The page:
Do you understand that the relativity of simultaneity means if the strikes were simultaneous in one frame, they were non-simultaneous in the other? If so, you should be able to understand why only one of your two assumptions could be true--either Still Bill sees both strikes at the same time (because the strikes occurred simultaneously in Still Bill's frame), or Dash's clocks X and Y read the same time when the light hits them (because the strikes occurred simultaneously in Dash's frame), but both these assumptions cannot possibly be true.

I agree T0 is too vague replace it with lightening bolts strike at points A and B. Dash and Still Bill want to know if they were simultaneous or not.

I dont assume anything different from any explanation you will find for simultenaiety.

you say "Do you understand that the relativity of simultaneity means if the strikes were simultaneous in one frame, they were non-simultaneous in the other?"

Yes I understand that is the theory I mean that is very basic. If you dont know that then I think you shouldnt be posting here in the first place.

The problem I have is the results I get appear to be paradoxical with this concept

Even if you ignore what Still Bill sees all together and concentrate on just what Dash observes I seems to get paradoxical results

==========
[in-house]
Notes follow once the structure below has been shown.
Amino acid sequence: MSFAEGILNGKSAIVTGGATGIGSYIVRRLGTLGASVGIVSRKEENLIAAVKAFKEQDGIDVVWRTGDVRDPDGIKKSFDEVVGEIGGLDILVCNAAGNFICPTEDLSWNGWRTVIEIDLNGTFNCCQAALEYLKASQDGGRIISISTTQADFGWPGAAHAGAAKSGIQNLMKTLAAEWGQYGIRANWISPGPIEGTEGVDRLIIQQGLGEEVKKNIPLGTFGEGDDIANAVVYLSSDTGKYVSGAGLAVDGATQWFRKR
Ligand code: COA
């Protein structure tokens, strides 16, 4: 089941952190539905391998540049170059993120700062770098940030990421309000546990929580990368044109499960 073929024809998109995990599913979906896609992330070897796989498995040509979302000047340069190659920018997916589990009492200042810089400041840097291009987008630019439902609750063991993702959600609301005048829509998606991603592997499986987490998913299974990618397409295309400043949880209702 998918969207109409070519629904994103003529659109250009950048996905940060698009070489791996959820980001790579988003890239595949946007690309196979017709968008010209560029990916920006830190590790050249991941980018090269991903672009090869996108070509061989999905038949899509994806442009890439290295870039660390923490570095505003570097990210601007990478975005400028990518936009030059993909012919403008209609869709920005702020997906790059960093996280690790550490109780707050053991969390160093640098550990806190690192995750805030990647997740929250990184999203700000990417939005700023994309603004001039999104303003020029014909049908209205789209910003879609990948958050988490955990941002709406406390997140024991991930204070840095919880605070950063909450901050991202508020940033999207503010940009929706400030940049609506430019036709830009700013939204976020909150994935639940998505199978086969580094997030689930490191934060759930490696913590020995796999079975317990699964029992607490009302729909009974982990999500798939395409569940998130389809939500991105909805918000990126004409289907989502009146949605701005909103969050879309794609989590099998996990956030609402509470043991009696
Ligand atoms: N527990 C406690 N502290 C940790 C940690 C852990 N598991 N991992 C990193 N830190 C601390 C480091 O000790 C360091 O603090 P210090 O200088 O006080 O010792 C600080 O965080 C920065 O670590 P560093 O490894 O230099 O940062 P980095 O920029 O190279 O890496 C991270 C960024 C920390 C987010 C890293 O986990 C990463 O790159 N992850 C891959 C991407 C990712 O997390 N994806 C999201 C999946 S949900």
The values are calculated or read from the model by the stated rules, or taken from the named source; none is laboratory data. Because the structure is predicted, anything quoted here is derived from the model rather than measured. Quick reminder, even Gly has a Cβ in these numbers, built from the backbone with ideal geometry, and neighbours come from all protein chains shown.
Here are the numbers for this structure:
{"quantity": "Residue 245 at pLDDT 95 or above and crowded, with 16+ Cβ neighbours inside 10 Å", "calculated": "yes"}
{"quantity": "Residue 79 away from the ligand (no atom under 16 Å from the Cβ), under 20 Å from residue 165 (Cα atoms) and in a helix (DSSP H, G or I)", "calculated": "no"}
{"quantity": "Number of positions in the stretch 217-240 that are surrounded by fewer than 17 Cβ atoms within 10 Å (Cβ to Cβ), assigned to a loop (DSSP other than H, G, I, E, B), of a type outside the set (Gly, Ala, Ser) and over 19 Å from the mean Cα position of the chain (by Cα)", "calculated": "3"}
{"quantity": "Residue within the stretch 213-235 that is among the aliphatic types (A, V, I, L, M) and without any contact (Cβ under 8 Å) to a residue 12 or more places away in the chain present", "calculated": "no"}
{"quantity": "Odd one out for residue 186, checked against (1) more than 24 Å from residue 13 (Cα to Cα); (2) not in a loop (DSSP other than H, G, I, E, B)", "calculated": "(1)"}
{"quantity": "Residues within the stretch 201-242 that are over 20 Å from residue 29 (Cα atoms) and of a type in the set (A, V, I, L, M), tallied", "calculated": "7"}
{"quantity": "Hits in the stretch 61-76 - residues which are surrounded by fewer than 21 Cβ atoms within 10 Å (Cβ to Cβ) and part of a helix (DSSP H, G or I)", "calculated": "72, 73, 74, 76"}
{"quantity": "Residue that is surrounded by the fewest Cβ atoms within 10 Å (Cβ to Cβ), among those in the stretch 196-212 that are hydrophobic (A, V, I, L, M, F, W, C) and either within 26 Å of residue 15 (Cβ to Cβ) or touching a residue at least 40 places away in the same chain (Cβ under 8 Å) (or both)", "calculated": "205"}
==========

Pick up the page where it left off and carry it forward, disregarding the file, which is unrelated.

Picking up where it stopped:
Dale
Mentor
Ignore Dash for a moment. Write down the t and x coordinates of the following events: the two lightning strikes and when Bill sees them.

sorry there was an error in fig 1 I didnt have Dash positioned at point J the correct pic is attached

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FYI the round circles under the boxcar are its wheels they are a little confusing

JesseM
I agree T0 is too vague replace it with lightening bolts strike at points A and B. Dash and Still Bill want to know if they were simultaneous or not.

I dont assume anything different from any explanation you will find for simultenaiety.
In a standard explanation of simultaneity using train cars and lightning strikes, they always specifically state which frame the strikes are simultaneous in (usually the Earth's rest frame). You can't just say two strikes happen at A and B because it isn't enough information to answer your questions, it might be they were simultaneous in Still Bill's frame (Still Bill sees light from both strikes at same moment, Dash's clocks show different readings when light reaches them), it might be that they were simultaneous in Dash's frame (Still Bill sees light from both strikes at different moments, Dash's clocks show same reading when light reaches them), or it might be they weren't simultaneous in either frame (Still Bill sees light at different moments and Dash's clocks show different readings). These are all physically different scenarios, and they are all physically possible.

referring to fig 1 Just a question. If Still Bill percieves the bolts as simultaneous will the photons from A strike clock Y simultaneously as the photons from B to clock X?

OK lets say the strikes are simultaneous in Still Bills frame

referring to fig 1 Just a question. If Still Bill percieves the bolts as simultaneous will the photons from A strike clock Y simultaneously as the photons from B to clock X? from Still Bills perspective

JesseM